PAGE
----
Poetry Explorer- Classic Contemporary Poetry, A PICTURE: VALLEY OF CATSKILL RIVER NORTH OF THE CATSKILL MOUNTAINS, by JAMES GATES PERCIVAL



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A PICTURE: VALLEY OF CATSKILL RIVER NORTH OF THE CATSKILL MOUNTAINS, by             Poet's Biography
First Line: The glories of a clouded moonlit night
Last Line: Can only bow before them and adore.
Subject(s): Catskill River, New York State; Landscape


THE glories of a clouded moonlit night --
An union of wild mountains, and dark storms
Gathering around their summits, or in forms
Majestic, moving far away in light,
Like pillared snow, or spectres wreathed in flame --
Meanwhile, around the distant peaks a flow
Of moonlight settles, seeming from below,
Above the mountain's rude gigantic frame,
An island of the heart, a home of bright,
Unsullied souls, who, clad in purest white,
Their bosoms stainless as their mantles, play
Around the gilded rocks, and snowy lawns,
And azure groves, in choirs like bounding fawns
Around the throne of some imperial fay --
Again the dark clouds brood below; their fold
A moment shrouds the mountain in dun shade,
Like midnight blackness from a crater rolled,
And flashing, as the glimmering of a blade
Amid the wreaths of war-smoke, lightnings quiver,
And crackling bolts the oak's bent branches shiver,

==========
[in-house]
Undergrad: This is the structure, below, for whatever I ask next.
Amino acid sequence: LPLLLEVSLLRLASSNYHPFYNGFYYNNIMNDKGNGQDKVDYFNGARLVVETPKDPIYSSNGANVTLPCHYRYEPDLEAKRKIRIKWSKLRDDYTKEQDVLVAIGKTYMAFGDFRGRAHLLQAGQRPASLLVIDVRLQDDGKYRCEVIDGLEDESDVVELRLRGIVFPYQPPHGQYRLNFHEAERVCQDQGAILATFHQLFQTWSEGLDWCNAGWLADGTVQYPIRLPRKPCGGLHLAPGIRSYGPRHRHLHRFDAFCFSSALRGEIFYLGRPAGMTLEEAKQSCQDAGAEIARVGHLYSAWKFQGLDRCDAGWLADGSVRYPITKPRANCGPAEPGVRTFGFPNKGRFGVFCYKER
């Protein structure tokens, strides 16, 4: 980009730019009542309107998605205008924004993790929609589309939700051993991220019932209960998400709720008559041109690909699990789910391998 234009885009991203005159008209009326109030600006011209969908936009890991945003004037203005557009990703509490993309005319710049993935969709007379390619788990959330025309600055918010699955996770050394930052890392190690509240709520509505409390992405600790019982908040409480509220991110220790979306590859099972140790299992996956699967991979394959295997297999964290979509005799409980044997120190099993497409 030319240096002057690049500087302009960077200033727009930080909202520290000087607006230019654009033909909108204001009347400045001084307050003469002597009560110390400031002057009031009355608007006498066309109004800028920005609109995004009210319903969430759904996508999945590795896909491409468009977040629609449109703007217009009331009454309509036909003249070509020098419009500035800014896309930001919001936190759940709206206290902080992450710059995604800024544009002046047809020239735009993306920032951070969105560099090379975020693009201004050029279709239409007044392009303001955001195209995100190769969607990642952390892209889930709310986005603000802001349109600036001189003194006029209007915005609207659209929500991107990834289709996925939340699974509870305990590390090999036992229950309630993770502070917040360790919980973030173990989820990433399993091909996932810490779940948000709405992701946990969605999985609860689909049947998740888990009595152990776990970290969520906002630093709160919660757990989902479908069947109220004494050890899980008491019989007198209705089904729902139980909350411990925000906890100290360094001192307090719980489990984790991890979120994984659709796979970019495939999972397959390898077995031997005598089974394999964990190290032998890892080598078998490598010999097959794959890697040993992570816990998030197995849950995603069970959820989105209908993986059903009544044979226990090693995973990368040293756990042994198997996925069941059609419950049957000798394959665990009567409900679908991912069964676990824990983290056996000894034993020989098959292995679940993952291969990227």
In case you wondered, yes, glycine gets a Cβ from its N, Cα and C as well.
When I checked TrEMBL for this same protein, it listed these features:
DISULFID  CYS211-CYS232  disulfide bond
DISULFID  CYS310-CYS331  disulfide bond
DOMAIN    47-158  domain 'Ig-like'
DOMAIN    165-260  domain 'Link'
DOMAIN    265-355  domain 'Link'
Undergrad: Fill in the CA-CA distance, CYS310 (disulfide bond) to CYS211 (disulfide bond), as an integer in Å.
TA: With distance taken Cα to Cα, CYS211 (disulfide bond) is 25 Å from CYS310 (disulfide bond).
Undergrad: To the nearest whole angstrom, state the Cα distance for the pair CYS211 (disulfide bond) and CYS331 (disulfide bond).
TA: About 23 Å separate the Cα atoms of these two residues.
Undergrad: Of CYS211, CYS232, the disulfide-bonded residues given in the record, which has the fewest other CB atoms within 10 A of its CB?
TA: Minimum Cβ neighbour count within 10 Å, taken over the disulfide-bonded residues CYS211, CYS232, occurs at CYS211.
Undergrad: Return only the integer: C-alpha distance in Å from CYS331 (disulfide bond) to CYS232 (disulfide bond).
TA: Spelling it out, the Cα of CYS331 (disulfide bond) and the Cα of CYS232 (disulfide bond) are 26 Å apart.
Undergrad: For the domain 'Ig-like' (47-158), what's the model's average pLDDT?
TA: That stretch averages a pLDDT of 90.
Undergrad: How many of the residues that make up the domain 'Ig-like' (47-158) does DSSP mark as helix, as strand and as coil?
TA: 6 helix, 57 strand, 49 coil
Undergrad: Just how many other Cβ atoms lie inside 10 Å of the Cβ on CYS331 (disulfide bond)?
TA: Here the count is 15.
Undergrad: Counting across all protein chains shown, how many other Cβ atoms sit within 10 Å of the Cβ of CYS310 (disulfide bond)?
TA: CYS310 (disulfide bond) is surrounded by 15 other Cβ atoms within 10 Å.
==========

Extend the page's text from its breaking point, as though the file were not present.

And rumbling echoes from the hollow glens
Roar, like the voice of lions in their dens
Awing the silent desert -- then the cloud,
Careering on the whirlwind, lifts its shroud
From off yon soaring pinnacle, and sweet,
Soft moonlight there is sleeping, like the ray,
Whose flashes on a checkered fountain play
Light as the twinkling glance of fairies' feet,
Or brood in burnished brightness on the stream,
Or kiss the tufted bank of dewy flowers,
As if consoling, in his boyish dream,
Her shepherd through her own still magic hours --
Such is the brightness on those rocky towers;
And rising in an arch of double height,
Soaring away beyond that cone, the sky
Smiles to the harmonizing touch of light,
Like the blue iris of a joyous eye --
The moon is there in glory, and the stars
Shrink from her fuller splendour, and grow dim
Behind the veil of her effulgence. Airs,
As if from Eden breathing, blow; clouds swim,
Foamlike and fleecy, round the landscape's brim;
And heaving like a storm-swollen billow's crest,
Rolls the wild tempest in the darkened west,
Its flashes twinkling through the gloom, its peals
Bellowing amid the purple glens; the rain,
Scudding along the forest, bears the bow
Wreathed round the flying storm-cloud, as it steals
Stiller and stiller through the night -- the stain
Of braided colours, in a softer glow,
Bends o'er the foaming river its tall arch,
As if the spirits of the air might march
From mountain on to mountain, and look down,
In triumph, from the pictured circle's crown,
On hamlets wrapped in slumber, meadows green
And gemmed with rain-drops, woods, whose leaves are bowed
With the dissolving richness of the cloud,
And brown brooks flashing down the hills, and pouring
Their tribute to the master stream, which wheels
Through the rude valley, foaming, tumbling, roaring,
And on the lonely wanderer, who steals
Abroad in silence to that echoing shore,
And gazing on the mad wave, and the sky,
Which arches o'er the universe on high,
And on the flying cohorts of the storm
Hiding their frowns behind a seraph's form,
With soul subdued, and awed, enchanted eye
Can only bow before them and adore.






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